Critics love Amanda. “Her lines shimmer and hum with a loopy, lovely music—a soundtrack for what ‘isn’t or might have been / or was,’” raves poet Caki Wilkinson of Moore’s 17-poem collection.

These are what chapbooks are, after all, for those of us who don’t know this stuff. The world’s original blogs began popping up around the 16th century, ultimately deriving their name from the itinerate chaps who sold these collections of essays, poems, stories, nursery rhymes, ballads, and folks tales—albums before vinyl and .mp3s.

The Emrys contest’s final-round judge, Dorianne Laux, clearly heard the music in Amanda. Laux’s an award-winner herself, a nationally acclaimed poet whose work has been nominated for the National Book Critics Circle Award, among other honors.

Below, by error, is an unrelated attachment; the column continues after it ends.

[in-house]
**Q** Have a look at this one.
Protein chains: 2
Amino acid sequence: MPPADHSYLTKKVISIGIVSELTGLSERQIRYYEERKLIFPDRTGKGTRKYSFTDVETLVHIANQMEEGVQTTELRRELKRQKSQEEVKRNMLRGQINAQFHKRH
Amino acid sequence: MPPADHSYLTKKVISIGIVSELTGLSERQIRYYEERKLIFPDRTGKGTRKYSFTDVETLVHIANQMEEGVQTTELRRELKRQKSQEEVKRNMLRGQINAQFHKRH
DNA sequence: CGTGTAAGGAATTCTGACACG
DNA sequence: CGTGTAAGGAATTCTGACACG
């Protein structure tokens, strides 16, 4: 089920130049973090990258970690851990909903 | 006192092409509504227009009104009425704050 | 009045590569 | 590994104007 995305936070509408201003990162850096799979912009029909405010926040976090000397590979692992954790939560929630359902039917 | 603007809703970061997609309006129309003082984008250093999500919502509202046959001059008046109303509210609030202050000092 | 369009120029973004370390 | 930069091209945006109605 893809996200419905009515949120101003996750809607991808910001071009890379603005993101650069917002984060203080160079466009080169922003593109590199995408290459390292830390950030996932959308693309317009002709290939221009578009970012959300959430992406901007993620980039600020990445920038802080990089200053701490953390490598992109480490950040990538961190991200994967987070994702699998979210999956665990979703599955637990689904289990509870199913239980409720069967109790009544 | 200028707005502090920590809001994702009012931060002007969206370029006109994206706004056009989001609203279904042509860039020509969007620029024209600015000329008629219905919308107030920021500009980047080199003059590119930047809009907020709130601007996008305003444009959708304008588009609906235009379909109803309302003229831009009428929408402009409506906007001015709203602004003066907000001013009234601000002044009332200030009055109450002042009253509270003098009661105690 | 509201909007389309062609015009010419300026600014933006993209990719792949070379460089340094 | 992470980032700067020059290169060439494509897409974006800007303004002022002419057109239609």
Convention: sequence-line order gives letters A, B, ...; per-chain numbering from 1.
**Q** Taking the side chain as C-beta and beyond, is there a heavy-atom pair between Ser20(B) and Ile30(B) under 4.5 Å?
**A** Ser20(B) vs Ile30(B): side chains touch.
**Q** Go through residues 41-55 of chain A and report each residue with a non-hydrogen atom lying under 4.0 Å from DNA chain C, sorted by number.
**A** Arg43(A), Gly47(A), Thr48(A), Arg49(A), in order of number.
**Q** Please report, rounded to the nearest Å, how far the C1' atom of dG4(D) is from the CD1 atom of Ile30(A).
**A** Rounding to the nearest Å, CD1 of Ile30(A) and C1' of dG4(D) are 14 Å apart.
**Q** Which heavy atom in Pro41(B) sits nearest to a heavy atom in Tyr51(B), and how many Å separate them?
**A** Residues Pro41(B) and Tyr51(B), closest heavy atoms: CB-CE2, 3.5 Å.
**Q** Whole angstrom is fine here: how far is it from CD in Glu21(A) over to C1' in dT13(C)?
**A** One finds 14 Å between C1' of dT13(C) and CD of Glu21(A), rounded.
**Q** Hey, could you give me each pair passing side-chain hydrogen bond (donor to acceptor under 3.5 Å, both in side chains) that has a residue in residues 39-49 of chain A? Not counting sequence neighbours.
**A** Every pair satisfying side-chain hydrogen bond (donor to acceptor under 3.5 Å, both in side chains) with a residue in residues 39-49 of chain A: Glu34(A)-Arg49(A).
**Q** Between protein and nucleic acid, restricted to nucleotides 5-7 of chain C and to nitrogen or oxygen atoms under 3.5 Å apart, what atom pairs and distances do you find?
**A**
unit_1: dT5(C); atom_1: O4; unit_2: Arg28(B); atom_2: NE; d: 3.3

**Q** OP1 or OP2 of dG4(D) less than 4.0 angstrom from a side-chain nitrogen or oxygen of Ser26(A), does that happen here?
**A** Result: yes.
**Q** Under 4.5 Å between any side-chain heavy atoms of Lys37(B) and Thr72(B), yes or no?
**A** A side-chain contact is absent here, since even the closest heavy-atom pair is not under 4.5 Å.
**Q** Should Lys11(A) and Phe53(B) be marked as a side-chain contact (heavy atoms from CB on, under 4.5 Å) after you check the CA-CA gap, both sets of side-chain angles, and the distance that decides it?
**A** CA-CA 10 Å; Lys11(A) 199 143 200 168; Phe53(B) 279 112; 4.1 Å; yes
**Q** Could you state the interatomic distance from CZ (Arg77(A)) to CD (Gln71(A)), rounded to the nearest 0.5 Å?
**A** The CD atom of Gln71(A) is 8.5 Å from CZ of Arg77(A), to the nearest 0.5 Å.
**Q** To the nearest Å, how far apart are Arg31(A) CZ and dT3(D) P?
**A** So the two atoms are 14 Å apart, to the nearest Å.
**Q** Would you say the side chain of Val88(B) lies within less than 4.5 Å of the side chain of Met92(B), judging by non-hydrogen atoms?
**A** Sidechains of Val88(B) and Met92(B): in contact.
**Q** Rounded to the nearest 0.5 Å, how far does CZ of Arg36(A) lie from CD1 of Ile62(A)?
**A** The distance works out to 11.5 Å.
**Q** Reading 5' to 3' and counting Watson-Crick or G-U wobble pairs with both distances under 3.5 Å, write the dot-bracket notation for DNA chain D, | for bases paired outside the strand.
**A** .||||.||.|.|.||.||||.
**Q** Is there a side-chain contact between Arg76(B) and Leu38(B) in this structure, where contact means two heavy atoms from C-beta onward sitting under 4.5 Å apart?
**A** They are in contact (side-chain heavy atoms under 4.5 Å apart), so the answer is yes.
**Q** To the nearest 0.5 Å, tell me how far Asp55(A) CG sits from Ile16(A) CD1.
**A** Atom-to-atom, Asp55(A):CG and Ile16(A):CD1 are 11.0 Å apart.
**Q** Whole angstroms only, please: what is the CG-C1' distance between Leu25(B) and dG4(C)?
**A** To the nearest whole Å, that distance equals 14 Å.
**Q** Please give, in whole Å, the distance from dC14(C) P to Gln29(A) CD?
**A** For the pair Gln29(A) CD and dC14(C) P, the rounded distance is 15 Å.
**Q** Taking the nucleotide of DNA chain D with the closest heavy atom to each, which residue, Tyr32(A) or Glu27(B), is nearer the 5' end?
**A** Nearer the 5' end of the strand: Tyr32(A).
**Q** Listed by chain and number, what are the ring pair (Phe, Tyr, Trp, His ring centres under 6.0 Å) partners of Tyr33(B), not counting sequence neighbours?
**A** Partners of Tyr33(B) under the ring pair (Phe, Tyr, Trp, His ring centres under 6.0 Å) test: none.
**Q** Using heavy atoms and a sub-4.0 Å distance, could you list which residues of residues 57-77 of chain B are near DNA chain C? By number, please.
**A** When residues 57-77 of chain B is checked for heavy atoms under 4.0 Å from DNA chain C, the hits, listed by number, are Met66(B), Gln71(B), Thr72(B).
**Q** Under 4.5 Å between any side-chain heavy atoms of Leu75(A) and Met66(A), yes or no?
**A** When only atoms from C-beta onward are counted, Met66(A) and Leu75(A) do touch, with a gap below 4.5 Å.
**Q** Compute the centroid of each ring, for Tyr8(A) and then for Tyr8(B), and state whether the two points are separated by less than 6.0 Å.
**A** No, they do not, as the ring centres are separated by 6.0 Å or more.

Moore’s work, too, has earned major recognition. Appearing in numerous acclaimed publications nationwide, she has won the prestigious Dogfish Head Award—yes, from the craft-beer people—and the coveted Pablo Neruda Second Place Award.

She prizes the Emrys prize for its financial generosity and the week’s writing residency tucked in the Piedmont and for the Foundation itself.

She not only praises Emrys, but hopes the wider community does, too, with more involvement not just from fans of words—because what is life without them?—but from folks like her: prize-winning artists.

“I love Emrys!” she says. “Winning awards should only encourage a poet to support the arts.”